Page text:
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War, fear of inflation and central bankers in increasing order of threats to our wellbeing


War, of some sort, has begun in the Red Sea and Yemen. The UK is involved. It is likely that there will be action for a while. Ignoring the ethics of the engagement, for now, what are the economic consequences? A thread……

Because this war is going to make passage of the Red Sea more, rather than less, dangerous for the time being it is inevitable that for an unknown period the cost of shipping goods and raw materials from the Far and Middle East will rise. Suez is going to be out of action.

But let’s be clear: the diversion of shipping around the Cape of Good Hope has already begun. And whilst there are costs, and delays, in that they are not on a major scale. Saudi cuts to the price of oil might more than compensate for them.

In other words, by our own choice we are going to face another, but likely small, hiccup in market prices for some goods over the next few months. And then things will return to normal, either because this conflict will end or because the new prices will rapidly become stable.

No one need panic. No one is going to be without anything they really need. A few things, like some electric cars, might arrive a few weeks late for a few months. But on the scale of disruption to our economic life this issue hardly hits the Richter scale, so overall small is it.

In that case, let’s not pretend that inflation will suddenly be out of control, interest rates must stay high, wages must be suppressed still further and government austerity is required, because not one of those things is true.

Anyone pretending to the contrary is a) making things up b) desperate for a recession and will use any excuse to get one c) does not understand that any inflation this fracas gives rise to will be the impact of financial market over-reaction which will be corrected very soon.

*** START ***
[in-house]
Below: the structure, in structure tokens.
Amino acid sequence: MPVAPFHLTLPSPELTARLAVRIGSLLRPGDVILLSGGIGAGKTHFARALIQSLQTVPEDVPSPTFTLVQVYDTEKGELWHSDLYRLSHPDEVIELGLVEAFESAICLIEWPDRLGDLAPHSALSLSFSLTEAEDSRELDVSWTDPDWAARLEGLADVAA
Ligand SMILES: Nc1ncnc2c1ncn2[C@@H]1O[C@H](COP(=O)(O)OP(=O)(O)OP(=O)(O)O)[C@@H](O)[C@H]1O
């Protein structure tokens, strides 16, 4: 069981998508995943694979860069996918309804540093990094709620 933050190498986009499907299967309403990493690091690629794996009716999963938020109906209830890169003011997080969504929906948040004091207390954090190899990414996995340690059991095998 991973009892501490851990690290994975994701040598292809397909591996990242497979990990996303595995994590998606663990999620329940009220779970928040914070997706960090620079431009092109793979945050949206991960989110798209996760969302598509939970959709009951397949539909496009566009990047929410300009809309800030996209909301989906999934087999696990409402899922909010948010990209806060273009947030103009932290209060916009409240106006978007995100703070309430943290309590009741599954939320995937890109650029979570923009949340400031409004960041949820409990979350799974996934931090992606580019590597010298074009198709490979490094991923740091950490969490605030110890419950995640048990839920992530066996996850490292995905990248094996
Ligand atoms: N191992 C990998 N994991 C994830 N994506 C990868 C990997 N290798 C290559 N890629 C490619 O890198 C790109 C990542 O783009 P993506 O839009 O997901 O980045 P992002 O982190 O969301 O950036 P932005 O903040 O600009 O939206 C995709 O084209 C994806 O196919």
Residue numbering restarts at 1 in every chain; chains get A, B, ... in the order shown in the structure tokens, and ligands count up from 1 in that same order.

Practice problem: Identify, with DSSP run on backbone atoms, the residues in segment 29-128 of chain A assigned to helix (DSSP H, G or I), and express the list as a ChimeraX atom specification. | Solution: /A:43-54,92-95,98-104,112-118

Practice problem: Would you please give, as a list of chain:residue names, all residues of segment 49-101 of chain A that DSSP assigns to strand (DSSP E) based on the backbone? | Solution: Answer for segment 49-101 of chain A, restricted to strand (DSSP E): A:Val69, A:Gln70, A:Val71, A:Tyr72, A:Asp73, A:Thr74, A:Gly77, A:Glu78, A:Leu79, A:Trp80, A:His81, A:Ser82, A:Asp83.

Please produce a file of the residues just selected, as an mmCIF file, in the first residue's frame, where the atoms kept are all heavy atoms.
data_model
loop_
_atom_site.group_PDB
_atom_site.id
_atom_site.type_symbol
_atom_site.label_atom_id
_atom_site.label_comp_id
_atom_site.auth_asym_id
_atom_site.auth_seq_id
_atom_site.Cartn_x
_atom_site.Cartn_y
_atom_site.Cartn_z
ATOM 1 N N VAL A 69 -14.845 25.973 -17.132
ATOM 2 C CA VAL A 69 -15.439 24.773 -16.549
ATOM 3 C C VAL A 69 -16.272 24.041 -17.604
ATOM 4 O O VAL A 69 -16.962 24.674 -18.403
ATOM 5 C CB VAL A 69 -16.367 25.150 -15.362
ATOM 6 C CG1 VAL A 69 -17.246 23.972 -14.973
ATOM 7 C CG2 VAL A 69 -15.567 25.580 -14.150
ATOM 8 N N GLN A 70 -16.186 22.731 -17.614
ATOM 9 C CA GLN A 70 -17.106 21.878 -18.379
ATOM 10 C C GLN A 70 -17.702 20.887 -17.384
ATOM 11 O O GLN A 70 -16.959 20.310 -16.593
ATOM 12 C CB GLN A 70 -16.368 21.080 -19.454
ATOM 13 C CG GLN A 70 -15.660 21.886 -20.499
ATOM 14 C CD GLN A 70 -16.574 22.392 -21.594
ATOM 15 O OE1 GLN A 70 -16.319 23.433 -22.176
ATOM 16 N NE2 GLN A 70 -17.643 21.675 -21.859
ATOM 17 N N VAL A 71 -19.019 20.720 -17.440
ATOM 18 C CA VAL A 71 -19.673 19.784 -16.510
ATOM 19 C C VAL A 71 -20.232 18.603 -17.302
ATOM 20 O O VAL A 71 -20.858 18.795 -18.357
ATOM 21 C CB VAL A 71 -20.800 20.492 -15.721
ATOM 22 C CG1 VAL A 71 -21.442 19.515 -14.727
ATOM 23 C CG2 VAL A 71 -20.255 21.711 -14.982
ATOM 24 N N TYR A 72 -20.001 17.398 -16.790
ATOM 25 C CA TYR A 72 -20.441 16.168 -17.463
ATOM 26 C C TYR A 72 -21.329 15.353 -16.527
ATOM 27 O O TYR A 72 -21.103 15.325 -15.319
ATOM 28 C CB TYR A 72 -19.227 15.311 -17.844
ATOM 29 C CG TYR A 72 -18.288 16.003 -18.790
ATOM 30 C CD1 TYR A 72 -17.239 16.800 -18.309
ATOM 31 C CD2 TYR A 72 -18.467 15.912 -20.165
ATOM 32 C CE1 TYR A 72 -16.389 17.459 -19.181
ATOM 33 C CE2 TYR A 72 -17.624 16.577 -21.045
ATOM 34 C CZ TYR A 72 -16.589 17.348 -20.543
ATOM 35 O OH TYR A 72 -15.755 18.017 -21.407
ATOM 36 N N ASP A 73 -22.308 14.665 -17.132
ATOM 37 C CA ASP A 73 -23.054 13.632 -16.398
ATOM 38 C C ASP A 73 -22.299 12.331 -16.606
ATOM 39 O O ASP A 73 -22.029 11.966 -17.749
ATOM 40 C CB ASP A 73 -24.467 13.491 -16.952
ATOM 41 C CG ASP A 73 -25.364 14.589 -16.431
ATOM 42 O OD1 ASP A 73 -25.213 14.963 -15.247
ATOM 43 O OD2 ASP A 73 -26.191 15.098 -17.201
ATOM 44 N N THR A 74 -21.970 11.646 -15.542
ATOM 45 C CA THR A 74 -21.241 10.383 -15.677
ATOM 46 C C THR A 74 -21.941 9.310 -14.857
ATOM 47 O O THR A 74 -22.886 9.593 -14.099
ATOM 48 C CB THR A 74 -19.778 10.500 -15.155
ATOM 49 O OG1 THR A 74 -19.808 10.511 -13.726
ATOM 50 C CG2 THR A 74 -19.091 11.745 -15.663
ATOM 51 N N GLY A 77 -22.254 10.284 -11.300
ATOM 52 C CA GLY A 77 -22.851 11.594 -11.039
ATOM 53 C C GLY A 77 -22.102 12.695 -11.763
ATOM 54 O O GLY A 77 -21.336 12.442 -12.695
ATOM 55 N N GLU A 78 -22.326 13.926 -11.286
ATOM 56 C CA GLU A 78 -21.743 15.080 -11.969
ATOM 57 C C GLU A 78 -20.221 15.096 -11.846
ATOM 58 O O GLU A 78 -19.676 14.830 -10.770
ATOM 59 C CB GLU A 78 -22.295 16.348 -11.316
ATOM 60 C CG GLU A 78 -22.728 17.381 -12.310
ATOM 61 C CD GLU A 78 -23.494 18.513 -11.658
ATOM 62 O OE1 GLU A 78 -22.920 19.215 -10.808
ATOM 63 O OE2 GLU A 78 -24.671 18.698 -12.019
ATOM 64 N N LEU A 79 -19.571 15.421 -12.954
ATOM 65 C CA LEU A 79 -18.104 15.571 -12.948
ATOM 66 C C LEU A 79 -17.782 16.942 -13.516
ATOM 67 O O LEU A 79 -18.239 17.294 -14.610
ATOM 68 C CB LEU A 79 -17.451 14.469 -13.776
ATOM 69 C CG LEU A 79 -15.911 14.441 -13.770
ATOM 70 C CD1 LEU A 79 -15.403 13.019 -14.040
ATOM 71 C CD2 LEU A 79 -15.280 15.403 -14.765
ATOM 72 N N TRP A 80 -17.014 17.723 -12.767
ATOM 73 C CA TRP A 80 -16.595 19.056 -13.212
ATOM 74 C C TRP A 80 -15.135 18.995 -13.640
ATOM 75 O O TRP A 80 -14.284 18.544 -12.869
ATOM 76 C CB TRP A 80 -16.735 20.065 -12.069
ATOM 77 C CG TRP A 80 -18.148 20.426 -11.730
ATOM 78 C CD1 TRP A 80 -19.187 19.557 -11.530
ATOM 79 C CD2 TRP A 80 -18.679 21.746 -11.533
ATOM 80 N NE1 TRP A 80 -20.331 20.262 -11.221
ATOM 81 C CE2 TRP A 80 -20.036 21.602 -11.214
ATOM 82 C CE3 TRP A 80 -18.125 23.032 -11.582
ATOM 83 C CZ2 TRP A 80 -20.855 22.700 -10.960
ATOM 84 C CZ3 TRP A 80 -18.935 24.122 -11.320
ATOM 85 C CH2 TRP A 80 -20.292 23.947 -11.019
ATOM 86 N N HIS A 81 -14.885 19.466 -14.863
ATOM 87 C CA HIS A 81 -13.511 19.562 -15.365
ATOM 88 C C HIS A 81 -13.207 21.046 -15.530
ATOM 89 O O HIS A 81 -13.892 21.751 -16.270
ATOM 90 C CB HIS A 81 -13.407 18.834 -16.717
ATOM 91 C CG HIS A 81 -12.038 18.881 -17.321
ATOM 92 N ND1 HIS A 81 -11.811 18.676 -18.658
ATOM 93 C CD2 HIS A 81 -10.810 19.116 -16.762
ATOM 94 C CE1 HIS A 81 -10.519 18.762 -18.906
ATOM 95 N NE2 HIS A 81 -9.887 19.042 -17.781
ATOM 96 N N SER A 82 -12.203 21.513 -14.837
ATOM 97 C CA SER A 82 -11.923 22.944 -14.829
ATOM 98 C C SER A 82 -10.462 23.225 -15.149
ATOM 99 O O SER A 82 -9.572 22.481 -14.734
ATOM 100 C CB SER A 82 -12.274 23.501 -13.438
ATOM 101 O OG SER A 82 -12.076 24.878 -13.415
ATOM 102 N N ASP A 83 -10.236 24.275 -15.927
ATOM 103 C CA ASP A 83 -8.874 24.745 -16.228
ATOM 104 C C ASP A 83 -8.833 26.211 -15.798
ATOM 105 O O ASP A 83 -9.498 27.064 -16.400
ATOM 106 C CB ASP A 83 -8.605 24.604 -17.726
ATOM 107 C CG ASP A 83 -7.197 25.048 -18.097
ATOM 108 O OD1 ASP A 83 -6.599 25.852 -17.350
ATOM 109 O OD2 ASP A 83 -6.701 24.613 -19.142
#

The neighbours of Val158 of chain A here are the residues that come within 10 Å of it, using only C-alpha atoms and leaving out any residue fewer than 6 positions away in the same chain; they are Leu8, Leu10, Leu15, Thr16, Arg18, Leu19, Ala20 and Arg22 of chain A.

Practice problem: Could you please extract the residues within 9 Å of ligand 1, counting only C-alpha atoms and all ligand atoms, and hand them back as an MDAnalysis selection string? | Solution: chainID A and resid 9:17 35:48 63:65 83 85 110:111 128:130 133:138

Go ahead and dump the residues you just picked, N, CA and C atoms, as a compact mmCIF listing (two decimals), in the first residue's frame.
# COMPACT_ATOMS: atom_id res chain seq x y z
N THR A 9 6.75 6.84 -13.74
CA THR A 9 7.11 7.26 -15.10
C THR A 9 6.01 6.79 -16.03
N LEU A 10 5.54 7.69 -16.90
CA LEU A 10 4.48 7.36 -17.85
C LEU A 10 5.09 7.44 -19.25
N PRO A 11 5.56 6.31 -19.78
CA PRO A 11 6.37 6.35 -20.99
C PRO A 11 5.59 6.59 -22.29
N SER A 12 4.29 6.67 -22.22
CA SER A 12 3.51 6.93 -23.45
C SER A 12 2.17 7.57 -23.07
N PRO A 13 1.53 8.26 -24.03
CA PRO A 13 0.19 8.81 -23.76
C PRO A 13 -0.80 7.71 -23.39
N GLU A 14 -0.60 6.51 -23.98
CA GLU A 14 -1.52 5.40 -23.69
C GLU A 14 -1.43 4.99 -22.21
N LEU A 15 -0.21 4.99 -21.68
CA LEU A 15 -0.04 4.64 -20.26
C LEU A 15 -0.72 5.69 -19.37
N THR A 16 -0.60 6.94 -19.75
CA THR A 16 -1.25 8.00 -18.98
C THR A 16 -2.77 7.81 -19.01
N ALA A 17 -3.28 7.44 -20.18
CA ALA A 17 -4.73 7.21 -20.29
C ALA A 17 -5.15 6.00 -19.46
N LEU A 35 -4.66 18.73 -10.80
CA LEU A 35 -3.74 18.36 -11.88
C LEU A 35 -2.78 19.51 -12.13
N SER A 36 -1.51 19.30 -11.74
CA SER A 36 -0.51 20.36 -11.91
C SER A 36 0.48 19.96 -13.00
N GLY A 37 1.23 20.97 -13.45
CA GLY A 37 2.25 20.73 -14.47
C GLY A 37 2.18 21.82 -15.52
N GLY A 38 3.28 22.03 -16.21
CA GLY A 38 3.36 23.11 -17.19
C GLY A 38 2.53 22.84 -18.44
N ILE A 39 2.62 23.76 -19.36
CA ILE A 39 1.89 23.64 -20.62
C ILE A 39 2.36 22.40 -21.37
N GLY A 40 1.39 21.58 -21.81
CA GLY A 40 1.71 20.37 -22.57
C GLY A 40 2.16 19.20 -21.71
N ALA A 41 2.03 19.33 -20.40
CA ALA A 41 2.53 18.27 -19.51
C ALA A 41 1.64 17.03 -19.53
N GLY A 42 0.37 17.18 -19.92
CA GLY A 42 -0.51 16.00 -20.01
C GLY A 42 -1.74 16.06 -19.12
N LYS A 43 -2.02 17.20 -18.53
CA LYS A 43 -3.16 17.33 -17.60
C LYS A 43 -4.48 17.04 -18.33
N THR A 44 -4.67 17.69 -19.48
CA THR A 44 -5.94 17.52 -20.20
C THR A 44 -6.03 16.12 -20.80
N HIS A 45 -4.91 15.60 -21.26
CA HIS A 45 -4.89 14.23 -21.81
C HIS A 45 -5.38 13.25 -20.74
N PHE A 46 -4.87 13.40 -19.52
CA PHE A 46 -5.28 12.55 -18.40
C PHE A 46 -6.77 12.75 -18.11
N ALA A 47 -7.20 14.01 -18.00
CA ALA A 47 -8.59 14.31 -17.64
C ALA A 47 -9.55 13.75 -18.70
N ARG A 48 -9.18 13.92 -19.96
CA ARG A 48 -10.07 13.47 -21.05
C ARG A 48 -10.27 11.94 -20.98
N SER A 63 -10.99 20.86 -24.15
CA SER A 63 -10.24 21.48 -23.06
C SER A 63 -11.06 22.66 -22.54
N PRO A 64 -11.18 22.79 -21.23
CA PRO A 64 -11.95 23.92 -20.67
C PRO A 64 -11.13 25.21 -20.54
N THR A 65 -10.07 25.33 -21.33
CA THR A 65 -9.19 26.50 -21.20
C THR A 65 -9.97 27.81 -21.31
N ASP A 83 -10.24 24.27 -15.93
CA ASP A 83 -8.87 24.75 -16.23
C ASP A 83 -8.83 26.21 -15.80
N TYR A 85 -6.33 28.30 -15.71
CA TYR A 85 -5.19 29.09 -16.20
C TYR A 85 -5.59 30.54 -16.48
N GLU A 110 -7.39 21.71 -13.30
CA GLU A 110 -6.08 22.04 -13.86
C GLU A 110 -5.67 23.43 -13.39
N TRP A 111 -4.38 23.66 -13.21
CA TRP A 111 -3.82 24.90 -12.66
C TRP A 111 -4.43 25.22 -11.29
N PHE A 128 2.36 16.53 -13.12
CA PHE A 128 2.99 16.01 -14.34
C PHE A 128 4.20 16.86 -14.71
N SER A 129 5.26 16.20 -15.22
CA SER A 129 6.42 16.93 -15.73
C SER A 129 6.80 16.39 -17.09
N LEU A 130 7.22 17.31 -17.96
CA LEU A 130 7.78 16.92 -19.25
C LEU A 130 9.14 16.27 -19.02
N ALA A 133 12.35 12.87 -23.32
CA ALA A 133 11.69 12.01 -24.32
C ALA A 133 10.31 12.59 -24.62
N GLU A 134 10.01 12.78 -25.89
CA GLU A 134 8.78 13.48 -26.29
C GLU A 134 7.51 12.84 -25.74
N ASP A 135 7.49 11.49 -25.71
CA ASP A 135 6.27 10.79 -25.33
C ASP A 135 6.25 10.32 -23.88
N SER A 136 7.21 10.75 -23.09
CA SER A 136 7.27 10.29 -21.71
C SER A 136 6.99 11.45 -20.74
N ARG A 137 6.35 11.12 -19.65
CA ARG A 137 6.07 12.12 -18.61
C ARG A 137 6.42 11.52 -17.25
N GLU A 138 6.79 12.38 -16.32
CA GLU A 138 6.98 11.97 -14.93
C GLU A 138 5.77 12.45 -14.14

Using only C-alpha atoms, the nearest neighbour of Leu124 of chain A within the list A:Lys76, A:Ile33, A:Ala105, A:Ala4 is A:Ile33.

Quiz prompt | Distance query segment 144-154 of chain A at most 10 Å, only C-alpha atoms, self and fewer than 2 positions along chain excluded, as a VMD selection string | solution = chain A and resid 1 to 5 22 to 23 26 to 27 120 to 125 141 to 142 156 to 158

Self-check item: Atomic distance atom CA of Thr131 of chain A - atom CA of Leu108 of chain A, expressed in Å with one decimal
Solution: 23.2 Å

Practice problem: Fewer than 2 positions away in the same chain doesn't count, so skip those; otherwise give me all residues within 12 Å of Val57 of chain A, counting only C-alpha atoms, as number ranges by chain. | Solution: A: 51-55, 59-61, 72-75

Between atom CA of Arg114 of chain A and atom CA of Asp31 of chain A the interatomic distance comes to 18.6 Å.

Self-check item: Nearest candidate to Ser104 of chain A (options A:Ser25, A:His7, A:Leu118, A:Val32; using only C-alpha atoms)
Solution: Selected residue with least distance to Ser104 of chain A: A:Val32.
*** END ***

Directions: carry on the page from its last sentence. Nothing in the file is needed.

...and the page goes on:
As example, do you remember the toilet roll crisis of April 2020, when apparently loo roll was never going to be seen again, rationing was required and prices on eBay hiked, all for no reason at all? Any price reaction to what is happening now would be of the same sort.

It would be all hype and no substance. Now, I am not saying markets can’t do hype without substance and work themselves up into a crisis that does not exist. Doing so is what most market readers live for. But what we should have is central bankers who understand that.

Our central bankers should be sending out the unambiguous message right now that nothing that is happening as a result of this undeclared war is likely to create any significant disruption of any consequence in our economies and so will be ignored by them.

That would be the cool, calm, measured response that a regulator correctly reading the runes this morning should be saying, because frankly the likelihood that these events will have any significant impact on inflation is minimal a) because they’re too small to do so and b) …

that’s what the evidence from all similar episodes suggests, when price restabilisation always happens very quickly.

Will the Bank of England provide that cool, calm, measured leadership, or will it instead seek to exploit this situation to pursue its own agenda, which is all about seeking a recession, come what may? I fear it will be the latter. But such a reaction would be wholly unnecessary.

If the people of this country are wholly unnecessarily punished for a relatively minor event in the Red Sea we will know that there are bigger, oppressive, agendas at play here, wholly unrelated to actual threats to shipping.

Time will tell. But I am worried, and solely because I think the powers that be (and retailers) will exploit this to create an inflation story that need never exist and not because of any real threat to our wellbeing.




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